Although the novel is written in first person, the reader knows - as an essential prerequisite – that Great Expectations is not an autobiography but a novel, a work of fiction with plot and characters, including a narrator-protagonist and pure virtual creations of Dickens's imagination that, by the mere virtuosity of his words, remains the real master of the game and alone orchestrates the subtle complexity of the different strata of speech.
In addition, as Sylvère Monod pointed out, the treatment of the autobiography differs from David Copperfield. Great Expectations does not draw from events in Dickens's life; "at most some traces of a broad psychological and moral introspection can be found".
However, according to Paul Pickrel's analysis, Pip is both narrator and protagonist; as such, he recounts with hindsight the story of the young boy he was, who did not know the world beyond a narrow geographic and familial environment. The novel's direction emerges from the confrontation between the two layers of time. At first, the novel presents a mistreated orphan, repeating situations from Oliver Twist and David Copperfield, but the trope is quickly overtaken. The theme manifests when Pip discovers the existence of a world beyond the marsh, the forge and the future Joe envisioned for him, the decisive moment when Miss Havisham and Estella enter his life. This is a red herring, as the decay of Satis House and the strange lady within signals the fragility of an impasse. At this point, the reader knows more than the protagonist, creating dramatic irony that confers a superiority that the narrator shares.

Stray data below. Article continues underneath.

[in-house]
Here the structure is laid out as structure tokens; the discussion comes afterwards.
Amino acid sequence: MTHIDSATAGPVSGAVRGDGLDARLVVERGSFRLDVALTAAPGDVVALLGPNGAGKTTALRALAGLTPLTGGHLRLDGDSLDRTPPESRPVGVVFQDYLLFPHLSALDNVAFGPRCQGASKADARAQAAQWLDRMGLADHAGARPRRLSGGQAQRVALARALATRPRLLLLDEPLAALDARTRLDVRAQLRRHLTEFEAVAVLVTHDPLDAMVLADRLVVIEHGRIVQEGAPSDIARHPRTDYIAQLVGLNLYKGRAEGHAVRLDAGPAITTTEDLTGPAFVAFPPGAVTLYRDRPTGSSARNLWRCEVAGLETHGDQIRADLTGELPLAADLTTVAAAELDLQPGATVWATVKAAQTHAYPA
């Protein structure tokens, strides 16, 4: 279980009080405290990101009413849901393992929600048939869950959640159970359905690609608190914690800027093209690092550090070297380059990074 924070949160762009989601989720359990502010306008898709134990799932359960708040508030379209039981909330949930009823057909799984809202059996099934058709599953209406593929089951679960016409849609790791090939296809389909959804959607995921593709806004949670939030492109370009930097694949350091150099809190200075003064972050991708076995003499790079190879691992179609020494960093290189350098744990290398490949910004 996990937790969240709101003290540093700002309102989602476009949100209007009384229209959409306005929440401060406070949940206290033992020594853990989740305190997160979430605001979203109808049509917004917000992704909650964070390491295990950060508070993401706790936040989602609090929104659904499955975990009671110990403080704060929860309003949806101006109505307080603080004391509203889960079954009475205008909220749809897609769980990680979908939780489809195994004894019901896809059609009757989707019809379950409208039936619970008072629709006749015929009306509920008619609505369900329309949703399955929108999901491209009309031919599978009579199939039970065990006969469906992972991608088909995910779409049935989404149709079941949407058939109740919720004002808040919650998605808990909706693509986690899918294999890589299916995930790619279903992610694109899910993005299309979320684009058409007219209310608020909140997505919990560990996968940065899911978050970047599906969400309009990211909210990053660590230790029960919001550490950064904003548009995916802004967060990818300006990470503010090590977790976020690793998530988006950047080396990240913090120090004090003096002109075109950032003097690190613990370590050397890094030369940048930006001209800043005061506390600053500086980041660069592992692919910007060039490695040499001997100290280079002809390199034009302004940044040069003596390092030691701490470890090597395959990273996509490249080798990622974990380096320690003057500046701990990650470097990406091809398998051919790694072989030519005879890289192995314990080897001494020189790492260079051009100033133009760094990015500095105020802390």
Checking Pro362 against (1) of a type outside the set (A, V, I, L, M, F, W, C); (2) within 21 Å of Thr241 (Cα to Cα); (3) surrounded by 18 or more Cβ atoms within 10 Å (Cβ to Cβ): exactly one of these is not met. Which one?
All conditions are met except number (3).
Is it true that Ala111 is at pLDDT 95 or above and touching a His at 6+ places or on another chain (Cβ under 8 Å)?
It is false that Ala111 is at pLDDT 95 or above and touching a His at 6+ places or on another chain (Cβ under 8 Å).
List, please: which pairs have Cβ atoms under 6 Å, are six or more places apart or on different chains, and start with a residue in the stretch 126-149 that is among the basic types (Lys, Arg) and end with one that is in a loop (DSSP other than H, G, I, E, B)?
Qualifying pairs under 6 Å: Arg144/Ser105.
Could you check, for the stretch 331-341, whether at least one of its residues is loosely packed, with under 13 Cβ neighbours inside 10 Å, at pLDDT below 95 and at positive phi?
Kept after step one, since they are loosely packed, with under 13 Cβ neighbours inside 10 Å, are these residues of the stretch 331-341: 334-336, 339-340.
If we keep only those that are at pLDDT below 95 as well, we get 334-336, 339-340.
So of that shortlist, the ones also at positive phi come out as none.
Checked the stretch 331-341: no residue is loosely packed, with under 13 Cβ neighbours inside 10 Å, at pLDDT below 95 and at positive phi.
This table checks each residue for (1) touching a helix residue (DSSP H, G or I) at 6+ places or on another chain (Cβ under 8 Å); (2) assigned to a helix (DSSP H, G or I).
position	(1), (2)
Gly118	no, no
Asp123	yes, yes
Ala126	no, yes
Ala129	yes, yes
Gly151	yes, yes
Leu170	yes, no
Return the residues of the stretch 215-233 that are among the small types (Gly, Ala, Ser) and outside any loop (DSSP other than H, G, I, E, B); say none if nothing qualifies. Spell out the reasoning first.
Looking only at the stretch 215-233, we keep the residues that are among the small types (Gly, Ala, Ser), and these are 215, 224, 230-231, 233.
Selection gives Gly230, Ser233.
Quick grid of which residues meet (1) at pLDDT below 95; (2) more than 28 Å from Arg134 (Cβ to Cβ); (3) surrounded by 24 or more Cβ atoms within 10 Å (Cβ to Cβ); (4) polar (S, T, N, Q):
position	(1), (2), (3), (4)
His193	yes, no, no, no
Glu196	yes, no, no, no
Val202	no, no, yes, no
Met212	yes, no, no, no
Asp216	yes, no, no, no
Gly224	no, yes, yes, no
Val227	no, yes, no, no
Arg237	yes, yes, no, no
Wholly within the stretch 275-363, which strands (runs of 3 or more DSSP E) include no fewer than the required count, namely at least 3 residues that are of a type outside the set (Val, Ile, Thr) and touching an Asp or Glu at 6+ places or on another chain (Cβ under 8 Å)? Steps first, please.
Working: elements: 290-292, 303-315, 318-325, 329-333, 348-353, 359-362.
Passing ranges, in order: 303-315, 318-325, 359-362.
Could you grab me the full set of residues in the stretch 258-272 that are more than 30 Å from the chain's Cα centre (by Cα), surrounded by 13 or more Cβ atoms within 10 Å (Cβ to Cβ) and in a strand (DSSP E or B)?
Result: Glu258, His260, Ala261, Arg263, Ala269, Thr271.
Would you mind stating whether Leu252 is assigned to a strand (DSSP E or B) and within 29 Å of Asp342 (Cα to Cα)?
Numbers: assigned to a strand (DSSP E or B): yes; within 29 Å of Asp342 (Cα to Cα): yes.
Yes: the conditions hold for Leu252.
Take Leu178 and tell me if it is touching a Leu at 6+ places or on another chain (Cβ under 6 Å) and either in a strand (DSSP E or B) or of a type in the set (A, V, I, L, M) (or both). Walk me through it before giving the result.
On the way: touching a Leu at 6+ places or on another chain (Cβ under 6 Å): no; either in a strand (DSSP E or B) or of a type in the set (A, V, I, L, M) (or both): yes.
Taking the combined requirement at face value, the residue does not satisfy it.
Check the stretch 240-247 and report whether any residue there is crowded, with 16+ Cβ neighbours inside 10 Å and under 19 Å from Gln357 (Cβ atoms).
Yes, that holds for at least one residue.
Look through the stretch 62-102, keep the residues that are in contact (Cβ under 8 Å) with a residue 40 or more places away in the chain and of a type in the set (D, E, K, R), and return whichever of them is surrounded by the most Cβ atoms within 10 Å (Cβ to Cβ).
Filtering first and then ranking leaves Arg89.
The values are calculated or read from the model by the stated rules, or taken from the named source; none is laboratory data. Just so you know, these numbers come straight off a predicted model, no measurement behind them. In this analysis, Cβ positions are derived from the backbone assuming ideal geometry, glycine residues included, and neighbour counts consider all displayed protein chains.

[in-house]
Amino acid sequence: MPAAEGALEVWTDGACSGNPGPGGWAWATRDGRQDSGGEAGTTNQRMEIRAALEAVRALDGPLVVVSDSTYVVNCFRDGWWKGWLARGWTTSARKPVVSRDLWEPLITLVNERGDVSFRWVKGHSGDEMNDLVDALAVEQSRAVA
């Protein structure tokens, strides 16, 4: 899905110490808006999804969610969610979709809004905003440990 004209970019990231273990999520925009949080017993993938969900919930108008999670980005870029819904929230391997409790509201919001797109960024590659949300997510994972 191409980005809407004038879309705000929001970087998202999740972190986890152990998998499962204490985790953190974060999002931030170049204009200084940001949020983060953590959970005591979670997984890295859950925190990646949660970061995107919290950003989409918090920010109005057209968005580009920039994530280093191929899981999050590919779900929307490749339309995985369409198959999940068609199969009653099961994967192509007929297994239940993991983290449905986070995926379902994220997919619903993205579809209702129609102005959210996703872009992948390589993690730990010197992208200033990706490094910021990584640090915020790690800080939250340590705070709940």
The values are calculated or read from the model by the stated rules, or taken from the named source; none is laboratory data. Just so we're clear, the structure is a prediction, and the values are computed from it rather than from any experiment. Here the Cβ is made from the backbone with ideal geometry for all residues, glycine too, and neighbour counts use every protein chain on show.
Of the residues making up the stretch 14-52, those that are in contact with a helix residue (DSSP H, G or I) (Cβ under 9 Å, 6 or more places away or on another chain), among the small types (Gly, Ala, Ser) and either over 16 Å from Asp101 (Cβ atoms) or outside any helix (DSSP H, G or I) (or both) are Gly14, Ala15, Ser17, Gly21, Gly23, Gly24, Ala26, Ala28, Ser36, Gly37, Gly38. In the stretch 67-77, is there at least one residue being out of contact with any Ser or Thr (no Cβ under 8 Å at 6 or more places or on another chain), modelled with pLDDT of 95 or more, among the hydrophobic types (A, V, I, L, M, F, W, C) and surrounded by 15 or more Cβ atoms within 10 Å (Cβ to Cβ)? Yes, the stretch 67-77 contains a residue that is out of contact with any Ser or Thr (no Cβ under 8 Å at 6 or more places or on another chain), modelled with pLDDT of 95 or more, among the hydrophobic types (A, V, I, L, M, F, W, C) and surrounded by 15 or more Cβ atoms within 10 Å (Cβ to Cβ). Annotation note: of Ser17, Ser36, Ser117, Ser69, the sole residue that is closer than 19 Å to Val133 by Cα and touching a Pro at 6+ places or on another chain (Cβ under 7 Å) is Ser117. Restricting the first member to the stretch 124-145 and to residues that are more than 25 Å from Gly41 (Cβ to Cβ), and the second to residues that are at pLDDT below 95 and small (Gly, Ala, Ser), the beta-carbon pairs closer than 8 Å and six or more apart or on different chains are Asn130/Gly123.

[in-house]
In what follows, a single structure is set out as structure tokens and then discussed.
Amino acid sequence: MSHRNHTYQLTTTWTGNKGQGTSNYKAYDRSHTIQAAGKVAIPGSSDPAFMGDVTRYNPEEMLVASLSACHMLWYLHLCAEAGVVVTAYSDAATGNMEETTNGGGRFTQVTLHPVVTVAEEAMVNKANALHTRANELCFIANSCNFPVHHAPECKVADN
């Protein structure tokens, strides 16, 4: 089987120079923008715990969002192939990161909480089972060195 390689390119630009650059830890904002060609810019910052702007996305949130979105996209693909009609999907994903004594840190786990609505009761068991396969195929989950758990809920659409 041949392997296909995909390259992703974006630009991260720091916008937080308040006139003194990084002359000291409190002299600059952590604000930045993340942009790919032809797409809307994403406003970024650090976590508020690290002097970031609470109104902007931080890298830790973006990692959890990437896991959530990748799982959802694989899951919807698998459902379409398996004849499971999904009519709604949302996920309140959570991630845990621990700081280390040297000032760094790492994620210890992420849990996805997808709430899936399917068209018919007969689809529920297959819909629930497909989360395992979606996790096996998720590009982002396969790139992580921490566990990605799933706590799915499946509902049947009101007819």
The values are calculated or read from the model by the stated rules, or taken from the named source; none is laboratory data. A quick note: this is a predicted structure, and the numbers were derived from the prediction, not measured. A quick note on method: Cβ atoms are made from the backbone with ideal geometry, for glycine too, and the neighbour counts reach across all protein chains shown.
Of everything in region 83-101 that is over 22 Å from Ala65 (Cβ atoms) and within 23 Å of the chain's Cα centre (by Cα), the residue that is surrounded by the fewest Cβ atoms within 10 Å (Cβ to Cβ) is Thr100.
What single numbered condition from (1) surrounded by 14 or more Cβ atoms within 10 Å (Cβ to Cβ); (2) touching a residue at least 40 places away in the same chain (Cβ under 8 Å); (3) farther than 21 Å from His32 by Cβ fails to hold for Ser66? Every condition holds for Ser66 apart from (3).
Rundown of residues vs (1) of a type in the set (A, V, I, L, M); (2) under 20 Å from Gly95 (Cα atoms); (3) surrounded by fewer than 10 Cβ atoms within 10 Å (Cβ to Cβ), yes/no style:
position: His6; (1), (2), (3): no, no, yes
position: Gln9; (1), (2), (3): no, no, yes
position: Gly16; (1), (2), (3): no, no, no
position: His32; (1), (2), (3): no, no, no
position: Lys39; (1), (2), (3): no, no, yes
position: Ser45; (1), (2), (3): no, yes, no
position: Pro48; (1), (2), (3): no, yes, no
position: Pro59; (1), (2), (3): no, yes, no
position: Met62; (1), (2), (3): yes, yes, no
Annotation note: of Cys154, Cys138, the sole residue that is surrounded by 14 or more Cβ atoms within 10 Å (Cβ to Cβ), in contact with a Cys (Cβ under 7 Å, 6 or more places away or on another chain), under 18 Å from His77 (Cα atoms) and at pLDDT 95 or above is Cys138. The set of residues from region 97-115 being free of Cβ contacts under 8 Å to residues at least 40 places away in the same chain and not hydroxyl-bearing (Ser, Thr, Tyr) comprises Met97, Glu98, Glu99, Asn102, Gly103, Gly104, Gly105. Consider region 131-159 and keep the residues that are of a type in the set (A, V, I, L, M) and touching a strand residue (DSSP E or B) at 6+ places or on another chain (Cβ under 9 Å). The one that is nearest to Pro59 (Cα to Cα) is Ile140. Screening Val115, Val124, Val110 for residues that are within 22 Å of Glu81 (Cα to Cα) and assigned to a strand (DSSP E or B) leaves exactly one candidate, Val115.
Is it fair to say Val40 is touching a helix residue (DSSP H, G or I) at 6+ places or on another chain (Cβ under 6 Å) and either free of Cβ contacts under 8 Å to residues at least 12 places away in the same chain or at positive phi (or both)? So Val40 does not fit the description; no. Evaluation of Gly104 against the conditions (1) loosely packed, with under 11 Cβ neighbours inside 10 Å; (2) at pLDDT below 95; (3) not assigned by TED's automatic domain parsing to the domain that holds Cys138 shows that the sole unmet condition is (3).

It is not until Magwitch's return, a plot twist that unites loosely-connected plot elements and sets them into motion, that the protagonist's point of view joins those of the narrator and the reader. In this context of progressive revelation, the sensational events at the novel's end serve to test the protagonist's point of view. Thus proceeds, in the words of A. E. Dyson, "The Immolations of Pip".